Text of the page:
For example, if you’re not as productive in the office as you’d like to, you could try a time tracker for a week. Using a timesheet, such as this one, can help you realise not only how much time you’re wasting, but how long working on a task actively takes. So, next time your manager asks how long you’ll take to complete a task, look back on your tracker. Instead of guessing and giving yourself unrealistically high expectations, evaluate other things on your to-do list and set realistic goals.

These trackers can also be used to improve your mental health too, with mood, habit or physical trackers. Mood trackers to record how you’re feeling on a day to day basis, whereas habit trackers allow you to evaluate your behaviour. They show how you’re coping with the physical symptoms that may come along with conditions such as depression or anxiety.

Alternatively, physical trackers allow you to see if you’re really working out as much as you’d like to and can motivate you to exercise when you might not want to. These trackers can also be beneficial when speaking to a doctor or therapist about your mental wellbeing, as you will have a documented guide on how you’re doing and steps you’re taking to combat any issues you may face.

By tracking yourself throughout the day, or sitting down at the end to reflect, you’re able to recognise the signs of a decline or incline in your mental wellbeing. By setting yourself goals, being honest, and writing it all in your bullet journal, it makes it easier to see how you’re actually doing (even if you’re trying to pretend you’re fine).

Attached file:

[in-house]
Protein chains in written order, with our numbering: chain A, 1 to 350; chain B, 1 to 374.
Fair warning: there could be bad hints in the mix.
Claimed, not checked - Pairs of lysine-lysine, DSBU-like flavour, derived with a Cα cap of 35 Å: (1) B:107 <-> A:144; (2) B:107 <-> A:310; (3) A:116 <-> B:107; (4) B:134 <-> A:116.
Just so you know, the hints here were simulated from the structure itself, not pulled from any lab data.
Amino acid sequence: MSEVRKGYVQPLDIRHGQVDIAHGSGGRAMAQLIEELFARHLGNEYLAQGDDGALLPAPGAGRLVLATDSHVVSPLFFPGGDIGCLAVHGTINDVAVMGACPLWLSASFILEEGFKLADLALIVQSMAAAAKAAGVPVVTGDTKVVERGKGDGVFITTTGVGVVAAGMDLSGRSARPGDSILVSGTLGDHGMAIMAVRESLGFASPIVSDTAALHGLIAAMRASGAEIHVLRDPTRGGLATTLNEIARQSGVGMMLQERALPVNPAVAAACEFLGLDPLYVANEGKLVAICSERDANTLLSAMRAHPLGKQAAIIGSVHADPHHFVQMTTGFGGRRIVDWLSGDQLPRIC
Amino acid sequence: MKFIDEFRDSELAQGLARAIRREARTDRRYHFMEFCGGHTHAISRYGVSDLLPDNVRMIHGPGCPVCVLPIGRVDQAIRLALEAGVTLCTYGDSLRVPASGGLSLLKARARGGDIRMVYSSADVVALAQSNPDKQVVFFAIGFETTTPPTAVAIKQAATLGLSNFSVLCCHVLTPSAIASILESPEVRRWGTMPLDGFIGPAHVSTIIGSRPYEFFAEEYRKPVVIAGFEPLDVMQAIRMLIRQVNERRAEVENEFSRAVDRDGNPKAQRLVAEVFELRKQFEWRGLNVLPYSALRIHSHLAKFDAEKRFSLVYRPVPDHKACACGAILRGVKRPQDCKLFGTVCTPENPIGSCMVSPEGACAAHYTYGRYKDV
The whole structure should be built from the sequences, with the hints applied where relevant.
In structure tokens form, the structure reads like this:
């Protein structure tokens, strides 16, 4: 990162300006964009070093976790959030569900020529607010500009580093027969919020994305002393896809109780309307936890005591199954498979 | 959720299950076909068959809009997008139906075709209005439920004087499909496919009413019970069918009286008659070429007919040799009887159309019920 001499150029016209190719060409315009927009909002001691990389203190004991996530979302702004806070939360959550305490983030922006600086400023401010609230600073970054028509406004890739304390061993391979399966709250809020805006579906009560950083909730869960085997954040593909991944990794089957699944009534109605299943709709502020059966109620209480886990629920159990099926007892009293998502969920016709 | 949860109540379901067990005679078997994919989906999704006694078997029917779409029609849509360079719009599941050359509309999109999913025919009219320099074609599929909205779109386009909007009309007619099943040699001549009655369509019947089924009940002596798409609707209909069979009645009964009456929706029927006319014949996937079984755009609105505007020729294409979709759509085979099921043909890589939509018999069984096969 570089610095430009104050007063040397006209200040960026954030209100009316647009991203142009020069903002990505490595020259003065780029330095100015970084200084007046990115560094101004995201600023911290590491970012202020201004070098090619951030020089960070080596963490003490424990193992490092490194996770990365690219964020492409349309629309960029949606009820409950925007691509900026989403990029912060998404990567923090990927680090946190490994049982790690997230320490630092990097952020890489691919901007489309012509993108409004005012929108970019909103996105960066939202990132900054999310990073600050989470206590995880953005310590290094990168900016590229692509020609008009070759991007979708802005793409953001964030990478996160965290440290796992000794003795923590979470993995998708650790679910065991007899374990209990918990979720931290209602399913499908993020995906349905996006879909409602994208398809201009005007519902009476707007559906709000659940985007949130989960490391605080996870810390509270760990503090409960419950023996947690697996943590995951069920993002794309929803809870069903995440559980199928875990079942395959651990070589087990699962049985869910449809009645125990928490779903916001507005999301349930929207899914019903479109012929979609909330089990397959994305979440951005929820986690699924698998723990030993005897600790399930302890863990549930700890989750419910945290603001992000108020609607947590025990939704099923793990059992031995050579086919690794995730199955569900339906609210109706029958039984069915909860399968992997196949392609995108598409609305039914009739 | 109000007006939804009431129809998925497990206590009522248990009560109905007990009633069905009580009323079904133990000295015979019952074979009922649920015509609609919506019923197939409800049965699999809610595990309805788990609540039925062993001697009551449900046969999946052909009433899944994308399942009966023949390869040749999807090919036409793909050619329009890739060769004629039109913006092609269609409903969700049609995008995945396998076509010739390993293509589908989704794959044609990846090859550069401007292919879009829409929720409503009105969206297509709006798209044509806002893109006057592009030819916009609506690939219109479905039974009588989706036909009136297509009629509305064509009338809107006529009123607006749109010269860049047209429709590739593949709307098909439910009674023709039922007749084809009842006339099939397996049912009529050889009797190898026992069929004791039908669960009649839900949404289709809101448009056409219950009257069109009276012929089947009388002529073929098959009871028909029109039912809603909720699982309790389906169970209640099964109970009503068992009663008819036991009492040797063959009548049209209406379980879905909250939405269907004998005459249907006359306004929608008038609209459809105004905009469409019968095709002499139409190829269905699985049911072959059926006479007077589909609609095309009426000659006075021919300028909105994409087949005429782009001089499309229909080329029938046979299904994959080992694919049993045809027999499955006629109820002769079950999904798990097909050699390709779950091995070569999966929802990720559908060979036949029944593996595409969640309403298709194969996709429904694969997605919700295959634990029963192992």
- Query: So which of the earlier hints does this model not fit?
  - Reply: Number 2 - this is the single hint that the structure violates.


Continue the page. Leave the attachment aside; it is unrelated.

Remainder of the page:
Although we’d like to, we often find it hard to keep up with journals. While it has known mental health benefits such as easing anxiety, reducing stress, and helping you to cope with depression symptoms, actually implementing and sticking with a journal can be a hard task.

Yet, filled with to-do lists, your schedule, or even trackers that help you make positive changes, a bullet journal could be the perfect medium for your mind. This solo-space for your thoughts isn’t just about your headspace, but rather your entire lifestyle.

As a bullet journal is completely customisable, this gives you the opportunity to not only plan your upcoming week, but also a creative outlet, as you design your weekly, monthly, and yearly spreads. Giving you that much needed moment away from the world to think about your time and how you wish to spend it, this freedom to create gives you both a project to work on and the tools to help yourself.

Ultimately, a bullet journal can be whatever you make of it. If you don’t have much time in the day or prefer a cleaner look, you could make a minimal design to help you declutter your life. Alternatively, if you want something elaborate and detailed, make an insane spread.

Final Thoughts…

Whatever you decide to do, a bullet journal is your space to do whatever you want with. With no pressure, keep the concept true to you. Using a journal to take a moment to unwind, reflect, and recharge your batteries, implementing one into your routine could help you create a more positive future.

Written by Alison Irlam
WellBe is spearheading the way to a brighter future for corporate wellness. Our innovative portal is scientifically designed and tailored to each individual employee to improve their wellbeing. We specialise in a range of services from coaching and therapists, to meditation and reading materials. Our aim is to reduce workplace stress that costs UK businesses £42 billion per year. Get in touch with us by visiting our site for more information.